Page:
Glottal features for classification of phonation type from speech and neck surface accelerometer signals

Sudarsana Reddy Kadiri*, Paavo Alku

*Corresponding author for this work

Research output: Contribution to journalArticleScientificpeer-review

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Glottal source characteristics vary between phonation types due to the tension of laryngeal muscles with the respiratory effort. Previous studies in the classification of phonation type have mainly used speech signals recorded by microphone. Recently, two studies were published in the classification of phonation type using neck surface accelerometer (NSA) signals. However, there are no previous studies comparing the use of the acoustic speech signal vs. the NSA signal as input in classifying phonation type. Therefore, the current study investigates simultaneously recorded speech and NSA signals in the classification of three phonation types (breathy, modal, pressed). The general goal is to understand which of the two signals (speech vs. NSA) is more effective
in the classification task. We hypothesize that by using the same feature set for both signals, classification accuracy is higher for the NSA signal, which is more closely related to the physical vibration of the vocal folds and less affected by the vocal tract compared to the acoustical speech signal. Glottal source waveforms were computed using two signal processing methods, quasi-closed phase (QCP) glottal inverse filtering and zero frequency filtering (ZFF), and a group of time-domain and frequency-domain scalar features were computed from the obtained waveforms. In addition, the study investigated the use of mel-frequency cepstral coefficients (MFCCs) derived from the glottal source waveforms computed by QCP and ZFF. Classification experiments with support vector machine classifiers revealed that the NSA signal showed better discrimination of the phonation types compared to the speech signal when the same feature set was used. Furthermore, it was observed that the glottal features showed complementary information with the conventional MFCC features resulting in the best classification accuracy both for the NSA signal (86.9%) and the speech signal (80.6%).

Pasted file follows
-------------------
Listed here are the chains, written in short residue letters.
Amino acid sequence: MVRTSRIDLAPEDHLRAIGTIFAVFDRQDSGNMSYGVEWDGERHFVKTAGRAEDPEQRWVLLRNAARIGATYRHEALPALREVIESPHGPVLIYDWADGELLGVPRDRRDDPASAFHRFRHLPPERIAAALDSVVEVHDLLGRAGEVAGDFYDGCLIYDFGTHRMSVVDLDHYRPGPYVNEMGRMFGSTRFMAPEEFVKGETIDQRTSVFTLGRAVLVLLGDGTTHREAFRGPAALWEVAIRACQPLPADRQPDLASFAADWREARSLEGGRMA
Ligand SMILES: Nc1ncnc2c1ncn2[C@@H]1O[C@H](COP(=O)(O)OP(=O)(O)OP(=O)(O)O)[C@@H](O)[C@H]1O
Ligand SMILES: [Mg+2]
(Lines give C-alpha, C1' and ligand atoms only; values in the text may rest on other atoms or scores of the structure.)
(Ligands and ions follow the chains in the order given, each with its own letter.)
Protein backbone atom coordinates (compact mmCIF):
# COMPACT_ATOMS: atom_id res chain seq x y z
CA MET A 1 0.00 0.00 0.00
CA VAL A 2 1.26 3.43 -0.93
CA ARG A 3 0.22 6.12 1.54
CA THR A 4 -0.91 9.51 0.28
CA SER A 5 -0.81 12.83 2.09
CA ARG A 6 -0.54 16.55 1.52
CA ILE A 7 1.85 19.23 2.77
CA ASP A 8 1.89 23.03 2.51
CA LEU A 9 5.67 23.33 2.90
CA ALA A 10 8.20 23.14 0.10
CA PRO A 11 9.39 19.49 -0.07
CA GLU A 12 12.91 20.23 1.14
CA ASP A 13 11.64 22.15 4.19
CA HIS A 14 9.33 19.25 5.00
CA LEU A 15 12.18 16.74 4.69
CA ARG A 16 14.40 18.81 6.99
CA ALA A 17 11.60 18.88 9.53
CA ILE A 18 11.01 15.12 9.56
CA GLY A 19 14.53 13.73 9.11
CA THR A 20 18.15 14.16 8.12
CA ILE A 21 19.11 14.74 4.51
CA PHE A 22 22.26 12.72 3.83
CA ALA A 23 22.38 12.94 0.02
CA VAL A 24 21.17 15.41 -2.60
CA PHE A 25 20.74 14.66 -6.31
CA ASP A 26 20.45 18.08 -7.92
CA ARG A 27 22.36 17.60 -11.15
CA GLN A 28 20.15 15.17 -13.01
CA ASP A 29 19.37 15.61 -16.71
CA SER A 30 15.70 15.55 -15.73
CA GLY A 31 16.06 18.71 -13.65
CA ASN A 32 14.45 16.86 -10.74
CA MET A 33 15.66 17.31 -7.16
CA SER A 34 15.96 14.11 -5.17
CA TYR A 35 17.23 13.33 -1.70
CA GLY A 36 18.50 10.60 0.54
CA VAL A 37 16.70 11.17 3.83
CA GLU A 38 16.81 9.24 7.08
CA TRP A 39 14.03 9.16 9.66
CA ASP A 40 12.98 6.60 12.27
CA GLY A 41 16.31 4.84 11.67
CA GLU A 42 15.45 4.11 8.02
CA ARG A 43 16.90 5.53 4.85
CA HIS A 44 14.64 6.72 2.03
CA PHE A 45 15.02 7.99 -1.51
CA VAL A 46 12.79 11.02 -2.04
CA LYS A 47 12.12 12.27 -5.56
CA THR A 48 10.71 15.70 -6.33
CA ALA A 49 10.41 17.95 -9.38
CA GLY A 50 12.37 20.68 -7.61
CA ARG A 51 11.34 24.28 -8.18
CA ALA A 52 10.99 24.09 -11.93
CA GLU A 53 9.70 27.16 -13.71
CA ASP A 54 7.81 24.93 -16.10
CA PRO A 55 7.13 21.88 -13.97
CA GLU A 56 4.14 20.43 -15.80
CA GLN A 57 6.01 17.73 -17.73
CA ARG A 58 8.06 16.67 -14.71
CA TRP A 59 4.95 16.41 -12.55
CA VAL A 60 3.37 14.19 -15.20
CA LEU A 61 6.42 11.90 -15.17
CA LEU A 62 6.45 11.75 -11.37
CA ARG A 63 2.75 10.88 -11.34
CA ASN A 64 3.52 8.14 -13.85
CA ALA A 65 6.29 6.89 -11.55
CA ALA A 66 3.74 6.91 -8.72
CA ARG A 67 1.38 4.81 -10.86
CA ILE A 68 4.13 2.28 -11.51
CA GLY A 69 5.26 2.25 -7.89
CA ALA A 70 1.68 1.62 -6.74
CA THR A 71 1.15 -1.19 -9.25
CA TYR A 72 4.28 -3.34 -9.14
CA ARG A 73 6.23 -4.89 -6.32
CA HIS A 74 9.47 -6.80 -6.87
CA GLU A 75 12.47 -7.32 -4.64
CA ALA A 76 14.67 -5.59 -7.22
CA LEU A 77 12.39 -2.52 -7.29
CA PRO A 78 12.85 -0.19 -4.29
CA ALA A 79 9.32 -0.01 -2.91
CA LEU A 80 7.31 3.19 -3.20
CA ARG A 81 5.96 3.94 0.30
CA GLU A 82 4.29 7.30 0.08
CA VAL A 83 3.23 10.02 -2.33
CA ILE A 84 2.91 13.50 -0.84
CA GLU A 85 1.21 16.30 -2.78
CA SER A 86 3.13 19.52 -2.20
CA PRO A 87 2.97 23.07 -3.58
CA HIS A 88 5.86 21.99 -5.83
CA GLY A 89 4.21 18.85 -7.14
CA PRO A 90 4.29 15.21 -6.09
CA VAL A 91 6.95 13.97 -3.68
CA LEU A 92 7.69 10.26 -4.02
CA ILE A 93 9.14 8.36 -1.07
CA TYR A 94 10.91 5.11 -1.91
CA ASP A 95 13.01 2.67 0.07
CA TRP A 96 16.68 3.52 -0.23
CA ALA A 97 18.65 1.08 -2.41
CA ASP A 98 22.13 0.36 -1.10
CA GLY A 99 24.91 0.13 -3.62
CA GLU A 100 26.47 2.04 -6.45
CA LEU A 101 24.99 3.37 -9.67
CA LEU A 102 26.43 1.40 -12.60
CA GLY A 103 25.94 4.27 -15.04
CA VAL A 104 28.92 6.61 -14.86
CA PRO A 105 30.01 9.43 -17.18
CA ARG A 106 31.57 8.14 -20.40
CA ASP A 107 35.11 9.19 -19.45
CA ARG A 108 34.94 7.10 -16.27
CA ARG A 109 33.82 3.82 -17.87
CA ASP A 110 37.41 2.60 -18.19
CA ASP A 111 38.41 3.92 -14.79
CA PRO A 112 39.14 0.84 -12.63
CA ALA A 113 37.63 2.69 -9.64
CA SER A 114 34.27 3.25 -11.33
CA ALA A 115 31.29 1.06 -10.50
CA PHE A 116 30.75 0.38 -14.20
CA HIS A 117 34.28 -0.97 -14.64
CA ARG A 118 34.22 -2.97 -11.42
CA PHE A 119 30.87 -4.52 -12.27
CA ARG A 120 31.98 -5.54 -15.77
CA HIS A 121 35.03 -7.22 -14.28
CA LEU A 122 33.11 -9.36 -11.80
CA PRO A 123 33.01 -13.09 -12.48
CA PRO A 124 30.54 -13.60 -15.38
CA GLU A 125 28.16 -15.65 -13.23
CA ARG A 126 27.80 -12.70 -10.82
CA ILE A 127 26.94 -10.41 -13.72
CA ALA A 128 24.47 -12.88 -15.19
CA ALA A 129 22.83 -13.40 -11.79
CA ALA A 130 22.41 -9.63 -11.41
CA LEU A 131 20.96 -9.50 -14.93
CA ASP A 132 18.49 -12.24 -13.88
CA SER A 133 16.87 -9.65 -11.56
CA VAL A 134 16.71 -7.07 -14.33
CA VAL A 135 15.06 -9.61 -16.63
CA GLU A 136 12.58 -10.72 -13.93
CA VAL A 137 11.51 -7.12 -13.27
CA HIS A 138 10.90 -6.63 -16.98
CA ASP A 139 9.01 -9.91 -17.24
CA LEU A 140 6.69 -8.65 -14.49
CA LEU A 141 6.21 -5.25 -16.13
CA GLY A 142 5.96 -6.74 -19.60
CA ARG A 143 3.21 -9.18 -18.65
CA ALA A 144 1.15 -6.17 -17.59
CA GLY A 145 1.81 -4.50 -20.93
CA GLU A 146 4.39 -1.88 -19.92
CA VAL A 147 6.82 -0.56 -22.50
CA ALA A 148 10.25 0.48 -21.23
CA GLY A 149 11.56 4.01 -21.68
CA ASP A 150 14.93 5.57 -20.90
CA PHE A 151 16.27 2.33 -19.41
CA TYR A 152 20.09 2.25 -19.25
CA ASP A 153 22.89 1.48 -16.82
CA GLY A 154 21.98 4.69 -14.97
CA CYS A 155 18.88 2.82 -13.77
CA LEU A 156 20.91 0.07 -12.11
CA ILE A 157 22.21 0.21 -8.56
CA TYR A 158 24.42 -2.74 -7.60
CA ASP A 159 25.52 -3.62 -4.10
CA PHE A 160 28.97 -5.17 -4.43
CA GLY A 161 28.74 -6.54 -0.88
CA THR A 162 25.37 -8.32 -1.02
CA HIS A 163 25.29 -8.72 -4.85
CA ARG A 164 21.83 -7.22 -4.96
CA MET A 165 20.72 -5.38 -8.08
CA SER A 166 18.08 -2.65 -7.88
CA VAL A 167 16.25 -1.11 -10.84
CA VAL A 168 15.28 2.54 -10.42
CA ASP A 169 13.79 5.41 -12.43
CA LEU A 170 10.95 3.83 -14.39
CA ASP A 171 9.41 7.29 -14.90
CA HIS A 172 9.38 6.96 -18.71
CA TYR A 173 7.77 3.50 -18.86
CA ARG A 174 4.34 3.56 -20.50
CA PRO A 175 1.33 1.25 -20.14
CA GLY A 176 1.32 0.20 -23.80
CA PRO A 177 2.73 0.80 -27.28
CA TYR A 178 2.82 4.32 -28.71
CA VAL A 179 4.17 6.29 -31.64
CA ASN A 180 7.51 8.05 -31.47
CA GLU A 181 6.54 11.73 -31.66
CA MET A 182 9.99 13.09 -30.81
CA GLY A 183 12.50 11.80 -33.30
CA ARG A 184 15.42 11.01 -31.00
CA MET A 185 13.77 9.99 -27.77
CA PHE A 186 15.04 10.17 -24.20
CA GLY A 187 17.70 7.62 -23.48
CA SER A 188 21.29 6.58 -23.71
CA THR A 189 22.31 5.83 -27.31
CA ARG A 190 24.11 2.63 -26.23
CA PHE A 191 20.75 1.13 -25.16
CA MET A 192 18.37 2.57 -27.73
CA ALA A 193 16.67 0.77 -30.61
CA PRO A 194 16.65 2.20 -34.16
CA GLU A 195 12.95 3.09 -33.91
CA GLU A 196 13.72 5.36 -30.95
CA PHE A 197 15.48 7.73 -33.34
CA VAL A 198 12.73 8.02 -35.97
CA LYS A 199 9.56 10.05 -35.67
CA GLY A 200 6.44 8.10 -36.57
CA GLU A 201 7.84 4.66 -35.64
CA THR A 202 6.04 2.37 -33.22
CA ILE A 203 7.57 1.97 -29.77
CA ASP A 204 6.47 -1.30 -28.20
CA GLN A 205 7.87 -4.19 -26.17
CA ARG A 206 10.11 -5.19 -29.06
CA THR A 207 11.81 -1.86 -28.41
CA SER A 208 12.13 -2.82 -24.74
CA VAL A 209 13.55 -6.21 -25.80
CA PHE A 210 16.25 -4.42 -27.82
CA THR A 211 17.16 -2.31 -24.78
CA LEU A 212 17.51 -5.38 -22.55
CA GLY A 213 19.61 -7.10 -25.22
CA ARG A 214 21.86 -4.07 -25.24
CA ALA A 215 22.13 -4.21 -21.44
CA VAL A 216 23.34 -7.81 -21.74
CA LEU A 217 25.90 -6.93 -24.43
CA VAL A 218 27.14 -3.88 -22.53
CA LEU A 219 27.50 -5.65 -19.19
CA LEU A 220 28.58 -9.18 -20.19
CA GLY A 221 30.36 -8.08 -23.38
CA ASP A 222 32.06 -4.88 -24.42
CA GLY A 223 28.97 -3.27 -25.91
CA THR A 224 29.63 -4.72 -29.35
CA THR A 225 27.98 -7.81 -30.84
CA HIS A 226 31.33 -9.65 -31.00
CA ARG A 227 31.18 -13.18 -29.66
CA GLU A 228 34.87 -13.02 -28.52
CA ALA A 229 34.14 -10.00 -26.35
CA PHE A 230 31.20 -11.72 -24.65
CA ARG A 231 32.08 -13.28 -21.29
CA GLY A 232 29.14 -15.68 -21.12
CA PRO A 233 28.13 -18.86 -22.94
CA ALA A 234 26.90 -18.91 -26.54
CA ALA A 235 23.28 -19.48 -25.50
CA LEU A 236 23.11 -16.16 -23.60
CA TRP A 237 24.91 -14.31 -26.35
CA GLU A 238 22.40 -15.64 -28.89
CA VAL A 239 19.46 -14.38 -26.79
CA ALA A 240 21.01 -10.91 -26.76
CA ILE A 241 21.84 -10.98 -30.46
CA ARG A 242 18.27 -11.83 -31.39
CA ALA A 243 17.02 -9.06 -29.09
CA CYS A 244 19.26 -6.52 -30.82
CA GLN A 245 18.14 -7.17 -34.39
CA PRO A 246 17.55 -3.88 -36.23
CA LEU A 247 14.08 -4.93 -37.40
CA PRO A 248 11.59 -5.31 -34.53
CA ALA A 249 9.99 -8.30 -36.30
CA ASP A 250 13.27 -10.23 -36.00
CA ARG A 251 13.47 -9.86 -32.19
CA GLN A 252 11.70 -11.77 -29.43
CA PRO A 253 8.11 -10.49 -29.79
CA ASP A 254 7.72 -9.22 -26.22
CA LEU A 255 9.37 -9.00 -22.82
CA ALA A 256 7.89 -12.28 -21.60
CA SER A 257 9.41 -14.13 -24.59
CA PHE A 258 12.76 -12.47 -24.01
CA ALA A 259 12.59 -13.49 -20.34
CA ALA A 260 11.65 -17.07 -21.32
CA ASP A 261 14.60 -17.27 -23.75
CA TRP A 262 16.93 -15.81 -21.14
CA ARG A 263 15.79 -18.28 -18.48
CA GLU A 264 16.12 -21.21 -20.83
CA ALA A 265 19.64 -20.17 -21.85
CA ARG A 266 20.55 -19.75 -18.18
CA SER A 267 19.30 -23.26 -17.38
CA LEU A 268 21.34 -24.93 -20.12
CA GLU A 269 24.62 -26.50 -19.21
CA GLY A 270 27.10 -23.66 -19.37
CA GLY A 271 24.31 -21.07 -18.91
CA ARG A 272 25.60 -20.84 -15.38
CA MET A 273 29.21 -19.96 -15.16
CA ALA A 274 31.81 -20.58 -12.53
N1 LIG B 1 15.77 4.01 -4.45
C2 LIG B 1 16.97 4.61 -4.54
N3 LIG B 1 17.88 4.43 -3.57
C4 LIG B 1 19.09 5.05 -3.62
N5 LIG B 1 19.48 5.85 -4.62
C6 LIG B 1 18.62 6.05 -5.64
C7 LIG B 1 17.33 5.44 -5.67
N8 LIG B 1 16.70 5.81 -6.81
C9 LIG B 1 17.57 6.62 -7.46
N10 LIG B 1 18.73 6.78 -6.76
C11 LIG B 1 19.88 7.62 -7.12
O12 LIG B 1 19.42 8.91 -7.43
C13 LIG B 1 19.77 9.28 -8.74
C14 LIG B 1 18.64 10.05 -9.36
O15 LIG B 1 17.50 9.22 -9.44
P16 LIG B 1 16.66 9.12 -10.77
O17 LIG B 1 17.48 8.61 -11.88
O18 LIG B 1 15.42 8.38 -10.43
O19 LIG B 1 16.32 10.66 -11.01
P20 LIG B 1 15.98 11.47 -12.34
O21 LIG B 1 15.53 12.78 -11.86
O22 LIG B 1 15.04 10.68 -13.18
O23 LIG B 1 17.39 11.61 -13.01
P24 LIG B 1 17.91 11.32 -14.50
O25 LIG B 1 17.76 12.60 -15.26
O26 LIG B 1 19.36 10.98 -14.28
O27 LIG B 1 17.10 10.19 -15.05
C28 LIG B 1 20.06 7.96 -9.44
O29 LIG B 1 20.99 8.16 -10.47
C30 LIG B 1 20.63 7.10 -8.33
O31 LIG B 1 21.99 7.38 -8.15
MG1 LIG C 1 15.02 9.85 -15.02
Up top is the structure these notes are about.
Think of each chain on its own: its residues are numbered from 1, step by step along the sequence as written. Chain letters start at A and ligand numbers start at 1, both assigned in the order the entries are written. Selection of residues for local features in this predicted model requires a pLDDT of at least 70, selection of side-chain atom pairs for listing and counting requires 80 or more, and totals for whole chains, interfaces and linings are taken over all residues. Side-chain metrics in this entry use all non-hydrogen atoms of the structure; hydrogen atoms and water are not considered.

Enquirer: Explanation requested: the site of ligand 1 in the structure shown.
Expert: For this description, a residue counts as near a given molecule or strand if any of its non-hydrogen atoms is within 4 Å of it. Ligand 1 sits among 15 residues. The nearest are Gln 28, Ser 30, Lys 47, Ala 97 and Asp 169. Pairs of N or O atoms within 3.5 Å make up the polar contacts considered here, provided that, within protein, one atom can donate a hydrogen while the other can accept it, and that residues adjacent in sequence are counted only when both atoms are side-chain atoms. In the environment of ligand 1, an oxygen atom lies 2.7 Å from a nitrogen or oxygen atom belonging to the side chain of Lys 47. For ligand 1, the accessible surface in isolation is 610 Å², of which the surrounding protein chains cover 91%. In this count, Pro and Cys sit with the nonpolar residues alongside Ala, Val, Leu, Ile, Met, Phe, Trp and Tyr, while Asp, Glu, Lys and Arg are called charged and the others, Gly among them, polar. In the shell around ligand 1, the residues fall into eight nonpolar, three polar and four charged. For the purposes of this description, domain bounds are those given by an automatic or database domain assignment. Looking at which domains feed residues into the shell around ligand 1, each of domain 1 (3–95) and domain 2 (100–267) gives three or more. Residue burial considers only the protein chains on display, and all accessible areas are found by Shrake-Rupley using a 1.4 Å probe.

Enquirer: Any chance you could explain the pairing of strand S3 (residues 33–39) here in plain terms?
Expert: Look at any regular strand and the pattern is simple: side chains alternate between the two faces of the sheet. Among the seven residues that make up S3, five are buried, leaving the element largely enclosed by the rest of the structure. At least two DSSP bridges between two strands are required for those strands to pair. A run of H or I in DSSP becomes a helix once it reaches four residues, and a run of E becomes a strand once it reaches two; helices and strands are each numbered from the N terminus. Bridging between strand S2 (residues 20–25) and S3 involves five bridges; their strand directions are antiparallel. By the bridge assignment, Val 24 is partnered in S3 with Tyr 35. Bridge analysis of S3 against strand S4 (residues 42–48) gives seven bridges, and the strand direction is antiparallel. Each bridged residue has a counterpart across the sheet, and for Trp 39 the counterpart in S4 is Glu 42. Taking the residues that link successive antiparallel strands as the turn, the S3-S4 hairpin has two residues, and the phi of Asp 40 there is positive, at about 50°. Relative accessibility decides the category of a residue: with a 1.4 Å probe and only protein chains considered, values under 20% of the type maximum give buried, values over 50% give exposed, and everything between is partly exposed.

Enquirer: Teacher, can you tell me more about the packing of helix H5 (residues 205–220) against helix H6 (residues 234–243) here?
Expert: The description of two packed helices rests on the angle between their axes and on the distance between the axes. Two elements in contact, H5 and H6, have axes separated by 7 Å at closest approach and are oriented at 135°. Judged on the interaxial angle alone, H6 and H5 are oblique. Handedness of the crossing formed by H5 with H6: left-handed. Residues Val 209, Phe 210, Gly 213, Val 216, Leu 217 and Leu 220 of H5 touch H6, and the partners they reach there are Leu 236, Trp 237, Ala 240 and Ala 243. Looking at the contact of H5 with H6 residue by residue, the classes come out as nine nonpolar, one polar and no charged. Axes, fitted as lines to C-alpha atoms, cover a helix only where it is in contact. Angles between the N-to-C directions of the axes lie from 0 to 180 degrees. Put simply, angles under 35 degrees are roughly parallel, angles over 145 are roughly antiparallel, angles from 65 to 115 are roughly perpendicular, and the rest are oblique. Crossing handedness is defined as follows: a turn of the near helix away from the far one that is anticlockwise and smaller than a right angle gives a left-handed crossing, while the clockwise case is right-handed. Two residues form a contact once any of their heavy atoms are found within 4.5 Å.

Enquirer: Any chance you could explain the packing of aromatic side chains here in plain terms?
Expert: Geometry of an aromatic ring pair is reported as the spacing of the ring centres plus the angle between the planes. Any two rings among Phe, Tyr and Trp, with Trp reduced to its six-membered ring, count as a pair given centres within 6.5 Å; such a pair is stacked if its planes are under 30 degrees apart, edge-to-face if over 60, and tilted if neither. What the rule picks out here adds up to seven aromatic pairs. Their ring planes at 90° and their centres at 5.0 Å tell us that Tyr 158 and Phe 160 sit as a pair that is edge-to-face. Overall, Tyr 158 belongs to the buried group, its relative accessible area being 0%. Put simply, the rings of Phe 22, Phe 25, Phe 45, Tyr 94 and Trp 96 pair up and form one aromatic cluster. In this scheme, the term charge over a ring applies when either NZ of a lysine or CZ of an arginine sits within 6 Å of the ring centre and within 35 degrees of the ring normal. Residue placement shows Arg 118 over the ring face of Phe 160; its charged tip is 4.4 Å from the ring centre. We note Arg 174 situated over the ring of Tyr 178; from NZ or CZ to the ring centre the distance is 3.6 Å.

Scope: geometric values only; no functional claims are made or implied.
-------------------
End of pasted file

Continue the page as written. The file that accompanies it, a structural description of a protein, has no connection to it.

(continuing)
Original languageEnglish
Article number101232
Number of pages13
JournalComputer Speech and Language
Publication statusPublished - Nov 2021
MoE publication typeA1 Journal article-refereed


  • phonation type
  • voice quality
  • neck surface accelerometer
  • glottal source waveform
  • support vector machine


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